This summer will usher in some of the worst catastrophes the world has ever seen if the pandemic is allowed to spread rapidly across countries already convulsed by growing violence, deepening poverty and the spectre of famine, the BBC war reporter Lyse Doucet has warned.
Speaking exclusively to the Observer, she says she fears “a terrifying mix of violence and the virus” will soon overwhelm countries such as Yemen, Afghanistan and Somalia, where Covid-19 has yet to reach its peak. Already, in southern Yemen, gravediggers can’t keep up with the dead and dying, she says. “Conflict will also be magnified and multiplied by impoverishment, starvation and despair … Expect a hot summer.”
She will take part in Reimagining Victory, an online series of events for the Imperial War Museum Institute and the peacebuilding charity Conciliation Resources to mark the 75th anniversary of the end of the second world war this summer.
Doucet, who was awarded an OBE for services to broadcast journalism in 2014 and has been reporting on war for the BBC for over 30 years, can clearly see the trajectory of the pandemic for the most desperate and vulnerable. “We live in Britain. We hear about unprecedented, unthinkable levels of spending and the safety nets that better resourced, relatively wealthy countries are throwing out to catch everyone before they fall. But in places of conflict, they don’t have those safety nets. There, people are already living on the edge,” she says.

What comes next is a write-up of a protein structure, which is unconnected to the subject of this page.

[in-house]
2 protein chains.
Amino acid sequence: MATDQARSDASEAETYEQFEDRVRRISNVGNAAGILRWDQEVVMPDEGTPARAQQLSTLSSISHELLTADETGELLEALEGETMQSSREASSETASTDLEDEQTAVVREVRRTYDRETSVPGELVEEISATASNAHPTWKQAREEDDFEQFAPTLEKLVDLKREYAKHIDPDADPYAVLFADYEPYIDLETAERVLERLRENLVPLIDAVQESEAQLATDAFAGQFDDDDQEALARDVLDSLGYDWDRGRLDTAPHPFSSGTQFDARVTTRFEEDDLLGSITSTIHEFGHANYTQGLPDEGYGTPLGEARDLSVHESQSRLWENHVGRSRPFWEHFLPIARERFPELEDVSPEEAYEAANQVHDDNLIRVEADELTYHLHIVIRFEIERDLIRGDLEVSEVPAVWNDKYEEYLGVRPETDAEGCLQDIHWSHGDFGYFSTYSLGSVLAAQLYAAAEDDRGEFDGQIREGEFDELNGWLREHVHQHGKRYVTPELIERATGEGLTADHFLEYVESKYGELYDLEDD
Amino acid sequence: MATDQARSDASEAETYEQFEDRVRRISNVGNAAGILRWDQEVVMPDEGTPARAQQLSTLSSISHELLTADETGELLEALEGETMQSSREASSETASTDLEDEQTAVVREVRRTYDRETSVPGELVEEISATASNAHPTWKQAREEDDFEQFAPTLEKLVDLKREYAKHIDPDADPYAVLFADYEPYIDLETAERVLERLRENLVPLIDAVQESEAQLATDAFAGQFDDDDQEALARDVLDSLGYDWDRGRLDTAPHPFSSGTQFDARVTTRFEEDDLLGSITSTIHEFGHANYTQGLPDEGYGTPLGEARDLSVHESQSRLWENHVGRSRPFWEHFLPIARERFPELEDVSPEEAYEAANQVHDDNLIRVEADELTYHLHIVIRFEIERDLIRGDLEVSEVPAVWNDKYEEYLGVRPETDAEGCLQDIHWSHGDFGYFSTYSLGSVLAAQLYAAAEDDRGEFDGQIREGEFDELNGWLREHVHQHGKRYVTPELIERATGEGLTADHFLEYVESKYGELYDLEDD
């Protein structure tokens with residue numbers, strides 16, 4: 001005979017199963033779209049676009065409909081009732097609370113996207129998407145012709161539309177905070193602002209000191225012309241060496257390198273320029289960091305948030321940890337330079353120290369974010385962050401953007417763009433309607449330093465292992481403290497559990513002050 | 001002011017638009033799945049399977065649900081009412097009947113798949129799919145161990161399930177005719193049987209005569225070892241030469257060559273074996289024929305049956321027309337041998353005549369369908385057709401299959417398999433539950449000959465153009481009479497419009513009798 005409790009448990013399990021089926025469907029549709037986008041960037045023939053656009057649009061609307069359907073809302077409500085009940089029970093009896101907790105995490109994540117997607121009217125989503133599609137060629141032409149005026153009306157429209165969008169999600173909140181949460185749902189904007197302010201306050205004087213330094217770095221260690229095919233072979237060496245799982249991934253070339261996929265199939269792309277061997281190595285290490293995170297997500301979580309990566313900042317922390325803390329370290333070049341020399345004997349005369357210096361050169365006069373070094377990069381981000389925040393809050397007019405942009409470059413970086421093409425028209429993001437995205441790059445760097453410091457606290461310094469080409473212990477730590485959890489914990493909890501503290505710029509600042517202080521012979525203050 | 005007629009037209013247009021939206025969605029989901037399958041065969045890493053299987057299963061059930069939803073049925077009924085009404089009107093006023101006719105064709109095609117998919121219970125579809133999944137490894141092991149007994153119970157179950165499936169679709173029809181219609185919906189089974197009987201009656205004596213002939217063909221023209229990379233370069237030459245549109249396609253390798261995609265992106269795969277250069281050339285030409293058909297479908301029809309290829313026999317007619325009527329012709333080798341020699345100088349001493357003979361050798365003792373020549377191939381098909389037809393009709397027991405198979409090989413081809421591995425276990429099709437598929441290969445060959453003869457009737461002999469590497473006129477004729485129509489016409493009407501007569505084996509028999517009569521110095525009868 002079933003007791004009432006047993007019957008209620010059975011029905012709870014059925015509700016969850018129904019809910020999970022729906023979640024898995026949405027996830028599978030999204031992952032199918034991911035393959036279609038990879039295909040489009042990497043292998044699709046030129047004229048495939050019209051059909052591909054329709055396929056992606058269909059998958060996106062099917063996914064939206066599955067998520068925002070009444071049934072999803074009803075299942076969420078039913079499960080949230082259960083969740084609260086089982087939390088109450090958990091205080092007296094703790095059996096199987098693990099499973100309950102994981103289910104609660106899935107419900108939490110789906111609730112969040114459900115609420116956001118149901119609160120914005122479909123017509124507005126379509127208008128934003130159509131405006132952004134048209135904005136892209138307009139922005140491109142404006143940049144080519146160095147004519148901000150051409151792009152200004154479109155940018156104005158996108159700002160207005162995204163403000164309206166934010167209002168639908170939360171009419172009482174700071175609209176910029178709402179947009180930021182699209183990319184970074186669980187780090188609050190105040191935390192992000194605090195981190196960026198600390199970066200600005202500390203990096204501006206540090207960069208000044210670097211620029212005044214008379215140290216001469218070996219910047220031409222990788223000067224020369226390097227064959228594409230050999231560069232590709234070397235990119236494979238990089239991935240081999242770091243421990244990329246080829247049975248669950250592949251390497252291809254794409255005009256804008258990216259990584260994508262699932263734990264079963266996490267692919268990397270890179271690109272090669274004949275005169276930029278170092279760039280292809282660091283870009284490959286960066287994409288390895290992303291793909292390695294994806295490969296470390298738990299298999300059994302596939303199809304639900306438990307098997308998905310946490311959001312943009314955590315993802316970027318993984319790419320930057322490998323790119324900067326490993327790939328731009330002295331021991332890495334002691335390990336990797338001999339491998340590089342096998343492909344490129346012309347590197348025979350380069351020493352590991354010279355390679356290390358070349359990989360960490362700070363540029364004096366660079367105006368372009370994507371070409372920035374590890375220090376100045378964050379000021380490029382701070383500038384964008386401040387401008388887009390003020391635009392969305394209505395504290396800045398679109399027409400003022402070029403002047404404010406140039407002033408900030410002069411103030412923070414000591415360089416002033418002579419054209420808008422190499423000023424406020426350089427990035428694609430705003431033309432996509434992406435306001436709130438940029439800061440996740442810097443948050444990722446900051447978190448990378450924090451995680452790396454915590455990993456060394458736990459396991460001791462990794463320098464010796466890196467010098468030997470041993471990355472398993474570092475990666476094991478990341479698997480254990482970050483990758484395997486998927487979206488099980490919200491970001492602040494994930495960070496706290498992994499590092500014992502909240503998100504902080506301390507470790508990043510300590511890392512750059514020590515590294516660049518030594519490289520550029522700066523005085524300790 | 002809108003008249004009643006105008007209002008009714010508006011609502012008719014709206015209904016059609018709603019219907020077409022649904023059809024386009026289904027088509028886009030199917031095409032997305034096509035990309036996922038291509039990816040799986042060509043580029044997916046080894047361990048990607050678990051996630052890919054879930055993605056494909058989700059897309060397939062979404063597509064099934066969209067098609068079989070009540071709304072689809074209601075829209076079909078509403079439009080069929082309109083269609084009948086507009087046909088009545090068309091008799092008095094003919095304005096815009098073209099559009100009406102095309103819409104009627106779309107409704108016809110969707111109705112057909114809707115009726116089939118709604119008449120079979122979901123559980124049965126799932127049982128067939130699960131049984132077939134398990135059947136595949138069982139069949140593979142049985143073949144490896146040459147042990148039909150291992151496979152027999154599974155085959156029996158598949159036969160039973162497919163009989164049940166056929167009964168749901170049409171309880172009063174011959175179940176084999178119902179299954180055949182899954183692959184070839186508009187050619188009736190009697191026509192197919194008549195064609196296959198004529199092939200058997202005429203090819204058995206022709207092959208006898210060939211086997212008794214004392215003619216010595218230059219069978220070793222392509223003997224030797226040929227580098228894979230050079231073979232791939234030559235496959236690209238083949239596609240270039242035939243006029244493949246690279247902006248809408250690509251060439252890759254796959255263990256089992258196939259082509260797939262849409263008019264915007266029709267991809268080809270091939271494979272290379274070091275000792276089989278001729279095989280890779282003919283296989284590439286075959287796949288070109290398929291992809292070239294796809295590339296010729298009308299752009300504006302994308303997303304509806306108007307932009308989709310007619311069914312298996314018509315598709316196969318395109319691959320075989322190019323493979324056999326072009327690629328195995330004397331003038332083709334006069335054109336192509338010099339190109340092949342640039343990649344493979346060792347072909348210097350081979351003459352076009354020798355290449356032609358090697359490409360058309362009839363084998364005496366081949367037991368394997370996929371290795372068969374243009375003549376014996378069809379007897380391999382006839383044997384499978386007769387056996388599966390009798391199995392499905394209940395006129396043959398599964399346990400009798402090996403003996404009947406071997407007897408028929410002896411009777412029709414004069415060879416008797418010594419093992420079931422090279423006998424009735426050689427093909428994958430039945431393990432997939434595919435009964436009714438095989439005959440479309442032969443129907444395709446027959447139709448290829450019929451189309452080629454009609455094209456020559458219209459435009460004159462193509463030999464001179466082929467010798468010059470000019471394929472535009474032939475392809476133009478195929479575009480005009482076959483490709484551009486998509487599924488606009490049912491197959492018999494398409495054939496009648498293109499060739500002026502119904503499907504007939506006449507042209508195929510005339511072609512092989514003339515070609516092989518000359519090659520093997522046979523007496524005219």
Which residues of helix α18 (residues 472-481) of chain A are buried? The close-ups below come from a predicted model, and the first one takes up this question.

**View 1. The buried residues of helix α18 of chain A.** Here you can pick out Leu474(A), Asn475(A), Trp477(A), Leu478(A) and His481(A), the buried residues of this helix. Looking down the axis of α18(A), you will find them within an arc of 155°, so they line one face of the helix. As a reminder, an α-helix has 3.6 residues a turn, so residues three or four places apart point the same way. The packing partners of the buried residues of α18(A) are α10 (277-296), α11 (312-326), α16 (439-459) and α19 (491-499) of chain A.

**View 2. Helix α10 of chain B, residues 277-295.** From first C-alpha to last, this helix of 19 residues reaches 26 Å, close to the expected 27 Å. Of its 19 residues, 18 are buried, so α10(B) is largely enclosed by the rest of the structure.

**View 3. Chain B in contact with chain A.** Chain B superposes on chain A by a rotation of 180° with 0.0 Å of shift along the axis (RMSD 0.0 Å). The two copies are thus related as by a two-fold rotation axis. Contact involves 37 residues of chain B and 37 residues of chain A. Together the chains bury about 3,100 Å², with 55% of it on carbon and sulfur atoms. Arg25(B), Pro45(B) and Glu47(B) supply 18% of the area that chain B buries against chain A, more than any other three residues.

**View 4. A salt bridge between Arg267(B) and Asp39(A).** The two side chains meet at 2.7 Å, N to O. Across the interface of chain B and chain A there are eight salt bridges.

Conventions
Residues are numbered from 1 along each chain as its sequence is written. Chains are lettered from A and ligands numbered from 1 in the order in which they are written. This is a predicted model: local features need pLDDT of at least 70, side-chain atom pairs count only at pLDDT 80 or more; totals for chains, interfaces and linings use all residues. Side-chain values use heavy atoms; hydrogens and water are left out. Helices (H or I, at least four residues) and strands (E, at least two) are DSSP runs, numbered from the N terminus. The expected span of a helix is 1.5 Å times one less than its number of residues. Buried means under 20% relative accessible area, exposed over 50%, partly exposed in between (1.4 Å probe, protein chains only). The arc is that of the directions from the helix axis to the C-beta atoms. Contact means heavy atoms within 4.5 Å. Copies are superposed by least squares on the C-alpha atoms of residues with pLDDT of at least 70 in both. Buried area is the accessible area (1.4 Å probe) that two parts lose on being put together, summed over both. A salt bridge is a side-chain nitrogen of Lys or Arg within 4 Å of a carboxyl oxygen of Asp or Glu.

The economic damage the coronavirus has wreaked upon the world – for example, destroying the income of labour migrants who regularly send money back home – will only deepen the hunger and deprivation in war-torn countries, and feed feelings of injustice and hopelessness there, Doucet says. “Covid-19 is not just about lives, it’s about livelihoods. When you destroy people’s fragile livelihoods, you also destroy lives.”
With so many people living hand to mouth in these countries, the further economic cost of “staying at home” will be as fatal as the virus itself, even when it is circulating rapidly. “The developing world will face nightmare scenarios. There aren’t enough resources to either test or treat – and because of corruption, the wealthy will get the resources that do exist.”
Some will be tempted to join fighters and rebels who promise to pay them so they can feed their family and keep them safe. “It catches your breath. Countries which have already lived through the worst of times could face unthinkable pressures and hardships in our time.” In many of these places, she says, “there will be violence and the virus for some time to come”.
Yet she fears that all this feel very distant to people in Britain and other wealthy nations right now, with many believing they’re living through “the world’s worst humanitarian crisis” at home. “When there’s protests filling the streets of our countries, will there be space – in the headlines, in the broadcasts, in our aid budgets and in our hearts – to also help people who are going to suffer far more than us, in much more profound ways?”
For journalists like Doucet, who believe the best way to report on conflicts is on the ground, face-to-face, in the heat and the dust – rather than on a computer or a phone – the health risks have multiplied. But, despite the pandemic, she says she is looking forward to returning to the places she normally reports on, hopefully by the end of the year. “No story is worth dying for, but there are stories worth taking risks for. We have to protect our lives, but we also have to protect our journalism. These stories matter. They have to be told.”
On 30 June, Doucet will chair an online panel, Mission accomplished? Victory in the age of endless wars, on the Imperial War Museum YouTube channel